There was a fellow in college we called Neil “How Ya Doing” Hughes. Neil was a theological student and a hopeful minister. If Neil stuck with his studies, I am sure he is a successful and faithful minister. Neil did have a bad habit. He would ask you, “How ya doing?” No matter what you said Neil’s response was always, “that’s great.” You could tell Neil that your father was in jail, your mother ran off with the postman, and you were being thrown out of school for cheating. Neil would respond, “That’s great” and he would keep walking toward his destination. Neil never stopped to listen, Neil could call everyone by name, but he didn’t know people. He came off as being insecure and superficial. I’m sure that as he matured, he learned to listen carefully, especially if he became a pastor.
We are all guilty of that. There are times that I don’t listen. If you tell me anything on Saturday night, it will not register. My brain has moved to processing the final draft of Sunday’s sermon. Telling me something on Sunday morning is even worse. The only thing in my brain is the sermon. I half kiddingly tell people that on Sunday morning I don’t even know my name. Between services I am concentrating on how to “fix” the sermon from the previous service. If you want to tell me something important you should wait until Monday, otherwise it probably won’t register.
Often, we don’t listen when others are talking. While our listening can be on a superficial level so can what we reveal about ourselves.
We have all been guilty of not listening, but are we guilty of asking a question we really don’t want answered? Are we honest when someone asks us, “How are you?” Have you noticed that people who have bad things happening in their lives will often respond to that question with the answer, “I’m fine.”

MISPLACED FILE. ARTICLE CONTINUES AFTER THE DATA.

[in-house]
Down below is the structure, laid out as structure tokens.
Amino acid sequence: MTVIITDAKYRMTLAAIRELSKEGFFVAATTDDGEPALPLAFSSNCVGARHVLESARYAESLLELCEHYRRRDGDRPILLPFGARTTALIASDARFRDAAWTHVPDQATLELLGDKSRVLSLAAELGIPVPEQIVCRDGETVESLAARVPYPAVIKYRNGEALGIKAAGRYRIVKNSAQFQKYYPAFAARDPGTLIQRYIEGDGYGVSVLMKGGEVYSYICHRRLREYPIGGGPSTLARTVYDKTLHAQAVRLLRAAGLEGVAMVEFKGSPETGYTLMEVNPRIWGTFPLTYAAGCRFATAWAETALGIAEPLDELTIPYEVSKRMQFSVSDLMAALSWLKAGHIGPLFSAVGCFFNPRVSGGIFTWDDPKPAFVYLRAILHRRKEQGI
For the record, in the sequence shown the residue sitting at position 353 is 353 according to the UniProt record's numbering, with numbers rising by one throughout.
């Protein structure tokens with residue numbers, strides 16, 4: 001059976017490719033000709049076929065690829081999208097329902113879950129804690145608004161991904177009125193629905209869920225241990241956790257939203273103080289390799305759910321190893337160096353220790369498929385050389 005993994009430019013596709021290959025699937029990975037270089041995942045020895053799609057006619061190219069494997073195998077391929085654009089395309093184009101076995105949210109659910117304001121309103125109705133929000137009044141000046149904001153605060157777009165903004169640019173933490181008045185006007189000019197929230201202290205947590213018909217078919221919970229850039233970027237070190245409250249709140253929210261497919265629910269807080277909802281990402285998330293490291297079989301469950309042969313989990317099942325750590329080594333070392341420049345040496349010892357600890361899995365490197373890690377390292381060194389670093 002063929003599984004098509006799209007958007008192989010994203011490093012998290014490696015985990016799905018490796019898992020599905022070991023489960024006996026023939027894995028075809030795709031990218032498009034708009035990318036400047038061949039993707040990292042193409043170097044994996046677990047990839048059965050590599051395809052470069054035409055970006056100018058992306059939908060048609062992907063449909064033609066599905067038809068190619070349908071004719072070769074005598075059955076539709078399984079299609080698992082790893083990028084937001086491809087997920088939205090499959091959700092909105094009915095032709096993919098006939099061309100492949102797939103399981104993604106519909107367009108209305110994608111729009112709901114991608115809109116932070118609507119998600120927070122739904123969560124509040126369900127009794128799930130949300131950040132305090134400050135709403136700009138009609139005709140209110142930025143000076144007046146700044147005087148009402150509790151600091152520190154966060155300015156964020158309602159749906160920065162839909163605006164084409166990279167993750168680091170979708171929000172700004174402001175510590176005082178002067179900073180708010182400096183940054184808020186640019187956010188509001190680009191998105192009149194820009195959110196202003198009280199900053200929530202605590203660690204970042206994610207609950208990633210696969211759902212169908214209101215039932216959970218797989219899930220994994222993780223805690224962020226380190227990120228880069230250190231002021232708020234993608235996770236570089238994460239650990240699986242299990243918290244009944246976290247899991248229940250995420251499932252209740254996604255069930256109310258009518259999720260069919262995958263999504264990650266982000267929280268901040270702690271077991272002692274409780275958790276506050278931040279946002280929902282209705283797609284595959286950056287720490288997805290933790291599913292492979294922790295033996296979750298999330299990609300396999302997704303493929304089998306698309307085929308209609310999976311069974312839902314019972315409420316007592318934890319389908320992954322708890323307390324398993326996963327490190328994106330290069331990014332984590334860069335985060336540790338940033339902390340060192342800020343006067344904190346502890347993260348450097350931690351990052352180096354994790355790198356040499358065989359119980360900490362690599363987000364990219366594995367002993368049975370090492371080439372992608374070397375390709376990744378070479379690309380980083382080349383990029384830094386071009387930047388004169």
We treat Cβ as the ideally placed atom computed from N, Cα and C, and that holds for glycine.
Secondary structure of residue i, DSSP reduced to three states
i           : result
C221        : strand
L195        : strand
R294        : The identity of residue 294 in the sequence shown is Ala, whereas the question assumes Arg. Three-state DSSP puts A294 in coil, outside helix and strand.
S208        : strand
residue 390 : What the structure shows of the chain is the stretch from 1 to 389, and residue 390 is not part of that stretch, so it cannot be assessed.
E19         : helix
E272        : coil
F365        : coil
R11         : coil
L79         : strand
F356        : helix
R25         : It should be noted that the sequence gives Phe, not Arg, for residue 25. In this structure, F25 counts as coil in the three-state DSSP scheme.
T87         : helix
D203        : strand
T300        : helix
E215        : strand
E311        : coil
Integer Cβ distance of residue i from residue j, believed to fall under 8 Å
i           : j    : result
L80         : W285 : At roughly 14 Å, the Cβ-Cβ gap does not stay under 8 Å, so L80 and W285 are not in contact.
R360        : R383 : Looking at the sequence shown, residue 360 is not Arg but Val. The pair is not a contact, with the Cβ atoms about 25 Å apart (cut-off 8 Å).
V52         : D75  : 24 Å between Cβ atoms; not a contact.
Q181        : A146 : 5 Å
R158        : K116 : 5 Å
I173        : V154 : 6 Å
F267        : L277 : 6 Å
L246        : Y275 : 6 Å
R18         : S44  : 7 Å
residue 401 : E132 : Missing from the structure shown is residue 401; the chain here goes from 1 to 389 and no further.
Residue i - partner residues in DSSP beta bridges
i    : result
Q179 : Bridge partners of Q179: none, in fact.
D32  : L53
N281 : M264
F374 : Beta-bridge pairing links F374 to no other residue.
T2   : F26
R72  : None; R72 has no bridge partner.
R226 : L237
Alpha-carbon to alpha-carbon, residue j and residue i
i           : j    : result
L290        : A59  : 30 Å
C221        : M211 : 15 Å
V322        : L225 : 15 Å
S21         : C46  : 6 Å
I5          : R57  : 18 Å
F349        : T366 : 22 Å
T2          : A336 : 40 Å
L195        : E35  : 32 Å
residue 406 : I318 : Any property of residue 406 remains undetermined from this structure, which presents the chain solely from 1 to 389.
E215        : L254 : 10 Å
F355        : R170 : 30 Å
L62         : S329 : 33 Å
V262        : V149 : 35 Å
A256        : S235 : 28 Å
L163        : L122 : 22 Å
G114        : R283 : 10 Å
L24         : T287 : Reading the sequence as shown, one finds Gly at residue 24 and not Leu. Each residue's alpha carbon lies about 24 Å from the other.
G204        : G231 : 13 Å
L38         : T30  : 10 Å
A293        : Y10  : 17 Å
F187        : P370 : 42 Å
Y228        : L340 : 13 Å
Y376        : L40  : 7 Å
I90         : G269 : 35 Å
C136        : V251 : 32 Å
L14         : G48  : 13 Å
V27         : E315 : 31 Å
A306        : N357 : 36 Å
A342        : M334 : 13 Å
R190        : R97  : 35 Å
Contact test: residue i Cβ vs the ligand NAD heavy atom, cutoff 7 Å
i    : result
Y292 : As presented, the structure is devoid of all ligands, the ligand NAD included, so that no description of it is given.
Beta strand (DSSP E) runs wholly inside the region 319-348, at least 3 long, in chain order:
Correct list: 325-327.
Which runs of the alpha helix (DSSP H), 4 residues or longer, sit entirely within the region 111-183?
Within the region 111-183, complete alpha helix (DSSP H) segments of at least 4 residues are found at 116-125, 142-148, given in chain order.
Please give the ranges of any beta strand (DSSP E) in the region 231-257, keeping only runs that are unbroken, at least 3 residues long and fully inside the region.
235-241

George, I know you came home after being laid off and found your house on fire, so “how are you?”
Nine times out of ten, George will tell you that he is just fine.
“I’m fine.” Are you really?
I reserve the word “fine” for people who don’t really care, for people who don’t really want to know how things are, for people who are clueless, for people who are going to dispense Hallmark wisdom, and especially people who want me to change as a precondition for love.
Unspoken behind, “I’m fine,” is an acronym for “Freaked out, Insecure, Neurotic, and Emotional, but I don’t trust you enough to tell you that.”
When you come to church you need to know this, “I’m not OK. You are not OK. That is OK.” We all come to church for the same reason, to let Jesus transform us from being “fine” to being found by One who loves us.
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